Terezín holds grisly memory of Nazi killing machine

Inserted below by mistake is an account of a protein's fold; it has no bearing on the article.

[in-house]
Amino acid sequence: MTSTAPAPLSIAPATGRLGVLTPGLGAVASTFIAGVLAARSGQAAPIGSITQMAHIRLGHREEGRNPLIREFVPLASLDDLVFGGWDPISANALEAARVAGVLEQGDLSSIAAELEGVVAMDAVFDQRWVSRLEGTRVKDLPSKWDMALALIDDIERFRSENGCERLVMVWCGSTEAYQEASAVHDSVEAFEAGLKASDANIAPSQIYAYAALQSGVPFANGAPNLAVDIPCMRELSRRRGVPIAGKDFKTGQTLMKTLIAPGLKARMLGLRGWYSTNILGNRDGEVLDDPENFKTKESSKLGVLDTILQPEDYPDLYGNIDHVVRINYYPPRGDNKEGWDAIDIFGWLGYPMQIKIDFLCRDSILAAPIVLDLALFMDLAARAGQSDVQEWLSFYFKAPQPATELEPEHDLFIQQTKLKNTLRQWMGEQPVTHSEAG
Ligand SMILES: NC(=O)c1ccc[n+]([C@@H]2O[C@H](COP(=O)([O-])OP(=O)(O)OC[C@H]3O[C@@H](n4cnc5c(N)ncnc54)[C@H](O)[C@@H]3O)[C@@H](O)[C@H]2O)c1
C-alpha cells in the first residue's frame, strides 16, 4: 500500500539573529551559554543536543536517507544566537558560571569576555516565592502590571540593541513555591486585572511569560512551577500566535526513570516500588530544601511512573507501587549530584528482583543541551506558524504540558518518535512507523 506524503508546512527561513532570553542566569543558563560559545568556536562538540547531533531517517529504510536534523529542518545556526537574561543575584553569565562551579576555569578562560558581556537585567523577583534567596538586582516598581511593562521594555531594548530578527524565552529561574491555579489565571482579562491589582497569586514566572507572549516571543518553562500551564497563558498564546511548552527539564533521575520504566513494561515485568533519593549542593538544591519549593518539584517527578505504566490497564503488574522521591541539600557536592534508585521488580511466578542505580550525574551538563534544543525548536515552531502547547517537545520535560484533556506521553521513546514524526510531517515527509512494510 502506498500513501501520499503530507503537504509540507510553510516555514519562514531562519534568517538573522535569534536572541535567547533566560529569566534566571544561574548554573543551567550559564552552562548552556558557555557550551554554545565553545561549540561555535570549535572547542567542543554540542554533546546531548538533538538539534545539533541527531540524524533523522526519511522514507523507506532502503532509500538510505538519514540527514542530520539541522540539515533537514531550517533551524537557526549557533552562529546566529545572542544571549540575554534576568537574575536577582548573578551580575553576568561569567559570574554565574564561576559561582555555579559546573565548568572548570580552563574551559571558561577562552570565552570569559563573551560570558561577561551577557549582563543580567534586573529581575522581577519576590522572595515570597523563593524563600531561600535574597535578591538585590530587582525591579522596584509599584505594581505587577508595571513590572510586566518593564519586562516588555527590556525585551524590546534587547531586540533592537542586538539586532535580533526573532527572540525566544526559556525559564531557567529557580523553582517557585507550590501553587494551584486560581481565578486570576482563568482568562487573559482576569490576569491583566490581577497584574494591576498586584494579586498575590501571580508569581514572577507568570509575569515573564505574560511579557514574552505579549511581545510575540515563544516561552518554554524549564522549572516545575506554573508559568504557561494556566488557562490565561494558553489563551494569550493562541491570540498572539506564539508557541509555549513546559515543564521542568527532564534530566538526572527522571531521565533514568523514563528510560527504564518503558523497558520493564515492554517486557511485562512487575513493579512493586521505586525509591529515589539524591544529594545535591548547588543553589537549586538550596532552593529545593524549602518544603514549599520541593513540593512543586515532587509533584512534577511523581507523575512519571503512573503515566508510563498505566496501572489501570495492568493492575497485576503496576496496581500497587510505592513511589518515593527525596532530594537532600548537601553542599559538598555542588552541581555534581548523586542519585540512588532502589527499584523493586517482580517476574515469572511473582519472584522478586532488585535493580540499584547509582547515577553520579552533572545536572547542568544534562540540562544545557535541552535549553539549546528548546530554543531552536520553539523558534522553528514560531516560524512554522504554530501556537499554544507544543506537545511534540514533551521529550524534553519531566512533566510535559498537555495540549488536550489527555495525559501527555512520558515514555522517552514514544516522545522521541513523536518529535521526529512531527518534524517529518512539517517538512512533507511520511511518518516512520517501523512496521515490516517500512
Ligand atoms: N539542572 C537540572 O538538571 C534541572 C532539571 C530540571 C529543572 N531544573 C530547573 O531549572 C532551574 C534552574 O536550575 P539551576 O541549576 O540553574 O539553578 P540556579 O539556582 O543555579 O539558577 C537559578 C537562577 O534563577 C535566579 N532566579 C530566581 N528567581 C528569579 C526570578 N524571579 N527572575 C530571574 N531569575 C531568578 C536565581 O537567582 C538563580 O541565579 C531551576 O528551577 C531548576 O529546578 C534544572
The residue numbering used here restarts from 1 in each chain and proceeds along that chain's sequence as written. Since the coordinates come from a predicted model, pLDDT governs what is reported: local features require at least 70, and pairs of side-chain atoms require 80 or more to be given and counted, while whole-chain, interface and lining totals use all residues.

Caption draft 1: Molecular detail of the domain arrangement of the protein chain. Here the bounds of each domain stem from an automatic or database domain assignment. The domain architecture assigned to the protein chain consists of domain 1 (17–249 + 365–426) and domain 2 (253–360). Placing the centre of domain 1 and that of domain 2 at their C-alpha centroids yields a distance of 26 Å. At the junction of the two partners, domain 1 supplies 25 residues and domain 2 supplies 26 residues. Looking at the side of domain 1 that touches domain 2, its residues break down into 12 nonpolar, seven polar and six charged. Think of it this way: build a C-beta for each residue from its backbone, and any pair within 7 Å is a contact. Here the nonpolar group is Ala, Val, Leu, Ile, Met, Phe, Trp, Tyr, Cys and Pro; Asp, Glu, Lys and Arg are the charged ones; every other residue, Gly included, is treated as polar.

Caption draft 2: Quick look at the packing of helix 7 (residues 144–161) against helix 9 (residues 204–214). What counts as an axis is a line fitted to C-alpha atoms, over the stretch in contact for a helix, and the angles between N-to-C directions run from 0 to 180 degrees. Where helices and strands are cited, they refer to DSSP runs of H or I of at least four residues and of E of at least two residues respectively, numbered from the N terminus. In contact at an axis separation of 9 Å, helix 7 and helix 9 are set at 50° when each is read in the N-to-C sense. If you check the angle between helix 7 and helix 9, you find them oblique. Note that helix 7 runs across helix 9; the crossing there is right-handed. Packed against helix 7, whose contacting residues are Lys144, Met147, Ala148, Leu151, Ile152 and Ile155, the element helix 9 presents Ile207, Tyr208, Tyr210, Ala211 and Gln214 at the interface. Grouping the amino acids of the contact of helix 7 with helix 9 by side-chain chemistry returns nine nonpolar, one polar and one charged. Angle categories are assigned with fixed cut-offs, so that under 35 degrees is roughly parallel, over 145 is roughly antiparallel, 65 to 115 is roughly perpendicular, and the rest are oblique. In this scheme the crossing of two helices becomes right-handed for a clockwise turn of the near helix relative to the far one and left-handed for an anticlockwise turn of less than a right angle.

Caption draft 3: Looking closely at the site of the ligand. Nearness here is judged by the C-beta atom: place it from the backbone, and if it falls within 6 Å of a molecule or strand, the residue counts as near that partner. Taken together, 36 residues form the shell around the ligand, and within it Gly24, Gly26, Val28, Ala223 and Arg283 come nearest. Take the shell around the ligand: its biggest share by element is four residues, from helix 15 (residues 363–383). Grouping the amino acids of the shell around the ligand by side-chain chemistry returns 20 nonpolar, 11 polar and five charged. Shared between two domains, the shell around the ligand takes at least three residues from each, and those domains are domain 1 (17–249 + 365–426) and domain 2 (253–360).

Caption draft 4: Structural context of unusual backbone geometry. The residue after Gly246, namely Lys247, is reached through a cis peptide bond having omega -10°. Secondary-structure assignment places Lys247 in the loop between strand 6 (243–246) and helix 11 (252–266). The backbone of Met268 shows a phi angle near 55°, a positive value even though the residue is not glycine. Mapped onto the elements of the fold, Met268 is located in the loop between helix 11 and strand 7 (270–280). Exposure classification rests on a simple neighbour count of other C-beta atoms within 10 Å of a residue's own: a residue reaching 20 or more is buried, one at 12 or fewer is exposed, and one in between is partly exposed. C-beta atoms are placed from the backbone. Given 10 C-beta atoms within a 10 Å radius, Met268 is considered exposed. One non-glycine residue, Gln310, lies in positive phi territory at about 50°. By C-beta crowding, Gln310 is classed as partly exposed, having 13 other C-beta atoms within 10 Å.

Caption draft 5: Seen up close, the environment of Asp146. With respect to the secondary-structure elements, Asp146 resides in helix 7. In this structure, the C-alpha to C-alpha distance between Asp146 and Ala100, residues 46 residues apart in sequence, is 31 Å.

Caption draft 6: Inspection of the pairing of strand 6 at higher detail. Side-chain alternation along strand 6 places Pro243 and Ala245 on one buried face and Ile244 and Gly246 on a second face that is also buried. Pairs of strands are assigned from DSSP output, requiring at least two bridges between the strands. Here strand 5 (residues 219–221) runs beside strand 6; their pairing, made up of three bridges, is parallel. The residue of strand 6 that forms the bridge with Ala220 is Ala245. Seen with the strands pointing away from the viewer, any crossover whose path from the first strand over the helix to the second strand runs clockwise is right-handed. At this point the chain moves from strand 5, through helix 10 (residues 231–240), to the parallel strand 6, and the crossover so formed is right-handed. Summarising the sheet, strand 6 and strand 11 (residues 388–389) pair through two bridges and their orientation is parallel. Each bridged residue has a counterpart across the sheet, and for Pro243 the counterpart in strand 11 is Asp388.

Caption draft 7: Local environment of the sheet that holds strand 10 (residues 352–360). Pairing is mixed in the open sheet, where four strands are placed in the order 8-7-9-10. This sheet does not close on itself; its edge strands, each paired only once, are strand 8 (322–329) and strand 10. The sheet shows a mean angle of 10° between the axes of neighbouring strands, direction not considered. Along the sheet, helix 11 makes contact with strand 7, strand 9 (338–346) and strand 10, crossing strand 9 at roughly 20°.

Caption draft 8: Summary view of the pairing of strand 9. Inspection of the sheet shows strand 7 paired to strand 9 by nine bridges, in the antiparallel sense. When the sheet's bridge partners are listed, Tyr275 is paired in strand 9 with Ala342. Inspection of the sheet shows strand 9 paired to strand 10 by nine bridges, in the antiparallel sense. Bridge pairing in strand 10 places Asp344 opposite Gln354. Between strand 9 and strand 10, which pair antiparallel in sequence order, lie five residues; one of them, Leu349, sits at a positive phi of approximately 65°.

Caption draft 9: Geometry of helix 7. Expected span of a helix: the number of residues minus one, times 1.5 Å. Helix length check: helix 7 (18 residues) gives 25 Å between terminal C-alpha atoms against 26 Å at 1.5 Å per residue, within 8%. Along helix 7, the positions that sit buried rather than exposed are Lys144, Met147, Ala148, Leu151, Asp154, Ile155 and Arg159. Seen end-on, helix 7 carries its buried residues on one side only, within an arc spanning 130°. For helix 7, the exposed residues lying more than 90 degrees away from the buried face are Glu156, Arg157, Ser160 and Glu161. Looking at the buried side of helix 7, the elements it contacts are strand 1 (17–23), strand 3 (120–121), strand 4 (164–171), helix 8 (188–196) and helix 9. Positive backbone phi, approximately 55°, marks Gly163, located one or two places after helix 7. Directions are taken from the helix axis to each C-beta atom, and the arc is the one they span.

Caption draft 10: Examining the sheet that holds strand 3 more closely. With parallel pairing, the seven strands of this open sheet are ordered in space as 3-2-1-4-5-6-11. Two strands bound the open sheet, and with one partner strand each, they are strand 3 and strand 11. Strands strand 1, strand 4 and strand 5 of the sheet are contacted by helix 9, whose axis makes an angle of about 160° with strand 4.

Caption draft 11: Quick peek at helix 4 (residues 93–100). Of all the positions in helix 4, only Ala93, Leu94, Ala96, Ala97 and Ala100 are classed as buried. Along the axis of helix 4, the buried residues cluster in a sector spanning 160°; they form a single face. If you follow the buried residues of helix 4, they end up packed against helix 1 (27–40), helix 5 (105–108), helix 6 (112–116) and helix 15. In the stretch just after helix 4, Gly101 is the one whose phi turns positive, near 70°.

As far as concentration camps go, Terezín (often known as Theresienstadt) in the former Czechoslovakia was remarkably elegant. At least it was at first, this little town where 4,000 people lived in gorgeous mansions or grand terraces painted in jaunty pinks and yellows. As more people poured in, the conditions behind those fine edifices grew squalid. At first, Jews from nearby Prague were sent there by the Nazis, to "clean them out" of the newly conquered city. Then others arrived, exiled from Denmark, Slovakia and Hungary as Hitler’s empire expanded and Jews were forced out of occupied territories. Rows of bunk beds were crammed into every room. More people squeezed into the lofts or lived in the basements with scant room to lie down. The water supply often petered out, food was scarce and each toilet served dozens of people. By the time the population of this country town hit 58,000, each person had just more than a square metre of living space.